Seattle Shooter May Get Death Penalty Man Accused Of Killing Pregnant Wife, Two Other Women In Courthouse To Be Charged With First-Degree Murder Counts
A computer lab technician accused of fatally shooting his pregnant estranged wife and two other women in the county courthouse was ordered held without bond Friday pending filing of charges.
Timothy C. Blackwell, 47, stood by his public defender and didn’t speak during his 15-minute appearance before King County District Judge Darcy Goodman. The hearing was at a courtroom in the county jail, two blocks east of the downtown building where the shootings took place Thursday.
Deputy prosecutor Rene Cespedes said in court that prosecutors plan to charge Blackwell with three counts of aggravated firstdegree murder - the only crime in Washington punishable by death. They have 30 days from arraignment to decide whether to seek the death penalty. The only alternative punishment upon conviction is life in prison without parole.
Prosecutor Norm Maleng said earlier at a news conference that his office may also charge Blackwell with first-degree manslaughter for the death of the fetus carried by his wife, Susana Remerata Blackwell. She was seven-to-eight months pregnant by another man.
“The preliminary investigation suggests that the suspect intentionally shot his pregnant wife in the abdomen, knowing that she was pregnant,” Maleng said. “The law allows the filing of manslaughter-first degree charges when a person intentionally kills an unborn child by inflicting injuries upon the mother of the child.”
Blackwell met his wife through an international matchmaking service and flew to the Philippines to marry her in March 1993. The couple broke up less than two weeks after she came to the United States in early 1994.
He contended she swindled him into marriage. She said he was abusive.
On Thursday morning, minutes before a scheduled court hearing for closing arguments on Blackwell’s petition for an annulment, gunfire erupted in a hallway on the second floor of the courthouse.
Police say Blackwell, dressed in a suit and striped tie, opened fire with a semiautomatic handgun, shooting his wife and two of her friends, Phoebe Dizon, 46, of Seattle, and Veronica Laureta, 42, of Mountlake Terrace. All were seated on a bench waiting for the annulment hearing to start.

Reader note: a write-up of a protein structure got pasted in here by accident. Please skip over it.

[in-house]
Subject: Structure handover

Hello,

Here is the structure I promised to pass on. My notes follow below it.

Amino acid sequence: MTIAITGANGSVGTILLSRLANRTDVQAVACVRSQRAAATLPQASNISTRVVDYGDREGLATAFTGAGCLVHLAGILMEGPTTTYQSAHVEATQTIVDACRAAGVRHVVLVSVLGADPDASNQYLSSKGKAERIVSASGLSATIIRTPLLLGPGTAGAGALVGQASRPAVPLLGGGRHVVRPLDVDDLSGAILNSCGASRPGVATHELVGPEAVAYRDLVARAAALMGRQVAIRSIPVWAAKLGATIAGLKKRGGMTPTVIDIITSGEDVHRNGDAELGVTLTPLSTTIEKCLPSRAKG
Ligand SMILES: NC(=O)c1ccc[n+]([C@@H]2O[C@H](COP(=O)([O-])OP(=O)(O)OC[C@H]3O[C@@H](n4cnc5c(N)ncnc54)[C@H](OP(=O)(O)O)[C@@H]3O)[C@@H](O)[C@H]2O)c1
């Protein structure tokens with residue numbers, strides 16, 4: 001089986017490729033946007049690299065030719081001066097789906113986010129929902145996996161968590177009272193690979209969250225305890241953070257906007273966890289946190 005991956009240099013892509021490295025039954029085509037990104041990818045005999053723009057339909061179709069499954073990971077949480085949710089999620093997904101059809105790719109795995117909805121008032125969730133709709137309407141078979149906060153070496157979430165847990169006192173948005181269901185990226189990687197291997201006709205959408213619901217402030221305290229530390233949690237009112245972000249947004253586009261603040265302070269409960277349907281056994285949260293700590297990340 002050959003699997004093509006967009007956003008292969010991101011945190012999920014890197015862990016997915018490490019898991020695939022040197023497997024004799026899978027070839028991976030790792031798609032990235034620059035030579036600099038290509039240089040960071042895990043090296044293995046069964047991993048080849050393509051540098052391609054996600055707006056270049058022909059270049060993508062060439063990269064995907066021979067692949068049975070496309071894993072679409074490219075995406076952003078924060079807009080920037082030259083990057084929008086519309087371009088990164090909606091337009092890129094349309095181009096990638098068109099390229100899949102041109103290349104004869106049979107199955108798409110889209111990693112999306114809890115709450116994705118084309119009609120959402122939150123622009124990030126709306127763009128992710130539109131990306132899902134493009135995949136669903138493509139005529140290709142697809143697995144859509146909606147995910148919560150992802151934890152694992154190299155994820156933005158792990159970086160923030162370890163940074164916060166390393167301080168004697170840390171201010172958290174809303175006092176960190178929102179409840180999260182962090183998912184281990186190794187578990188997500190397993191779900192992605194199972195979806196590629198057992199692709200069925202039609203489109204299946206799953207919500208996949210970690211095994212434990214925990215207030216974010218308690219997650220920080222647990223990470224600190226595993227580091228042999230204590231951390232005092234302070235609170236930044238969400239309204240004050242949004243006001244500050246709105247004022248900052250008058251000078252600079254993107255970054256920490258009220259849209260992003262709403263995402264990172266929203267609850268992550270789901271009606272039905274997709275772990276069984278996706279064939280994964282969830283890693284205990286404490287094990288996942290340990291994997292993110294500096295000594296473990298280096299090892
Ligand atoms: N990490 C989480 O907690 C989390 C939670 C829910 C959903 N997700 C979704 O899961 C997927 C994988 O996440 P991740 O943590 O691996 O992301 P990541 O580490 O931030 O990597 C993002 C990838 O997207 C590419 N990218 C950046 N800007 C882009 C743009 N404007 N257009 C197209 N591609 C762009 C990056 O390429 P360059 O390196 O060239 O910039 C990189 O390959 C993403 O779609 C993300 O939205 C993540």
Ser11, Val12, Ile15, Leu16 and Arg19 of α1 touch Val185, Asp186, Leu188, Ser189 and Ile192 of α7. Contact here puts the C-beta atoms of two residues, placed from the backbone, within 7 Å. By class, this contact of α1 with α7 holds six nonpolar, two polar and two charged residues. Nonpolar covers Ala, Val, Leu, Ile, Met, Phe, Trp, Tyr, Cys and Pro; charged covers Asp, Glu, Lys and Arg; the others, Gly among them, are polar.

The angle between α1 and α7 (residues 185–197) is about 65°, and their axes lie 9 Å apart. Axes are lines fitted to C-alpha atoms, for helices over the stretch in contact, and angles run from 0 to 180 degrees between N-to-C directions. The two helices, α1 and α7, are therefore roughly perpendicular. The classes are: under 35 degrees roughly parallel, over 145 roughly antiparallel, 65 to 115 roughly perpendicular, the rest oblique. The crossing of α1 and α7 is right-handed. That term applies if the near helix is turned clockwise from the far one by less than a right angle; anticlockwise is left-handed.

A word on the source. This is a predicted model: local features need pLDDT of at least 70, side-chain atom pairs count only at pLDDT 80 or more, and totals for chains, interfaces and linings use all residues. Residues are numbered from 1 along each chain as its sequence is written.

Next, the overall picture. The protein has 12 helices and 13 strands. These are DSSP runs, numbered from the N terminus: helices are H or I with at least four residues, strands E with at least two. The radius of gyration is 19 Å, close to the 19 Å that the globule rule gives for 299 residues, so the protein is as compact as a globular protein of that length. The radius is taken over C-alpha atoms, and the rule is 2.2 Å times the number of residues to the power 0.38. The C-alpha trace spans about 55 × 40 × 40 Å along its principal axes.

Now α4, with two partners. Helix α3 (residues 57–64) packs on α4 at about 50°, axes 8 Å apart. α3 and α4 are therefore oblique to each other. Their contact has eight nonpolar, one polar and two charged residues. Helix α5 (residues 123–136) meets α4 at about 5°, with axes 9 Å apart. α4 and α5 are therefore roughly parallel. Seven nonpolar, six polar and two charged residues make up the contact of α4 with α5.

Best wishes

Susana Blackwell and her fetus and Dizon died at Harborview Medical Center shortly after the shooting. Laureta died early Friday morning during brain surgery at Harborview.
The shootings led to tighter security Friday at the 12-story courthouse, including the installation of metal detectors at the three public entrances.
Workers and visitors also had their bags checked, and extra security officers roamed the building.
The King County Council will vote Monday on County Executive Gary Locke’s emergency request for $412,000 to pay for the boosted security. The interim measures will be in place for 90 days while the council considers a permanent security plan.
“What we did this morning was done too late for yesterday’s victims, but it was done just in time for what would have been the victims of tomorrow,” said the county’s presiding Superior Court judge, Anne Ellington.
She warned that judges won’t hold court sessions if they feel the building is unsafe.
A coalition of Asian Pacific and women’s groups said that while courthouse security is important, the real issue is domestic violence. Activists said many foreign-born women, particularly “mail-order brides,” fear leaving their abusive husbands for fear of deportation.
“What happened to Susana Blackwell and her friends is tragic but, sadly, not rare,” the coalition said in a statement. “And for women whose citizenship status depends on their husband’s, fear of deportation or of being left alone without family and friends often results in women staying with and enduring years of violence, with little hope of escape.”
Blackwell found his wife through a matchmaking service in Bellingham called International Connections. He went to the Philippines to meet her for the first time, and they married in the city of Cataingan, on the central Philippine island of Masbate, on March 31, 1993.
He returned to the United States, and she followed on Feb. 5, 1994. Less than two weeks later, on Feb. 17, they separated, and the husband filed for an annulment - a declaration that the marriage was invalid.
Blackwell contended she married him for his money and to get into the United States. She countered that he was abusive.
Blackwell was charged in Northeast District Court with misdemeanor assault on his wife after she told police he grabbed her hair and neck, pushed her face into the bathroom sink and hit her on the back of the head on Feb. 16, 1994. In the police report, Susana Blackwell also said her husband told her she had to stay in America for two years and pay him $500 a month to repay the $10,000 he spent to find, court and marry her.
The assault charge was dropped after Susana Blackwell didn’t show up for trial in June 1994.
Tim Blackwell denied he beat his wife.
In a May 1994 response to her husband’s annulment petition, Susana Blackwell said she feared her husband and denied duping him into marriage. She asked the court to grant a divorce instead of an annulment, and asked for $350 a month in alimony for six months.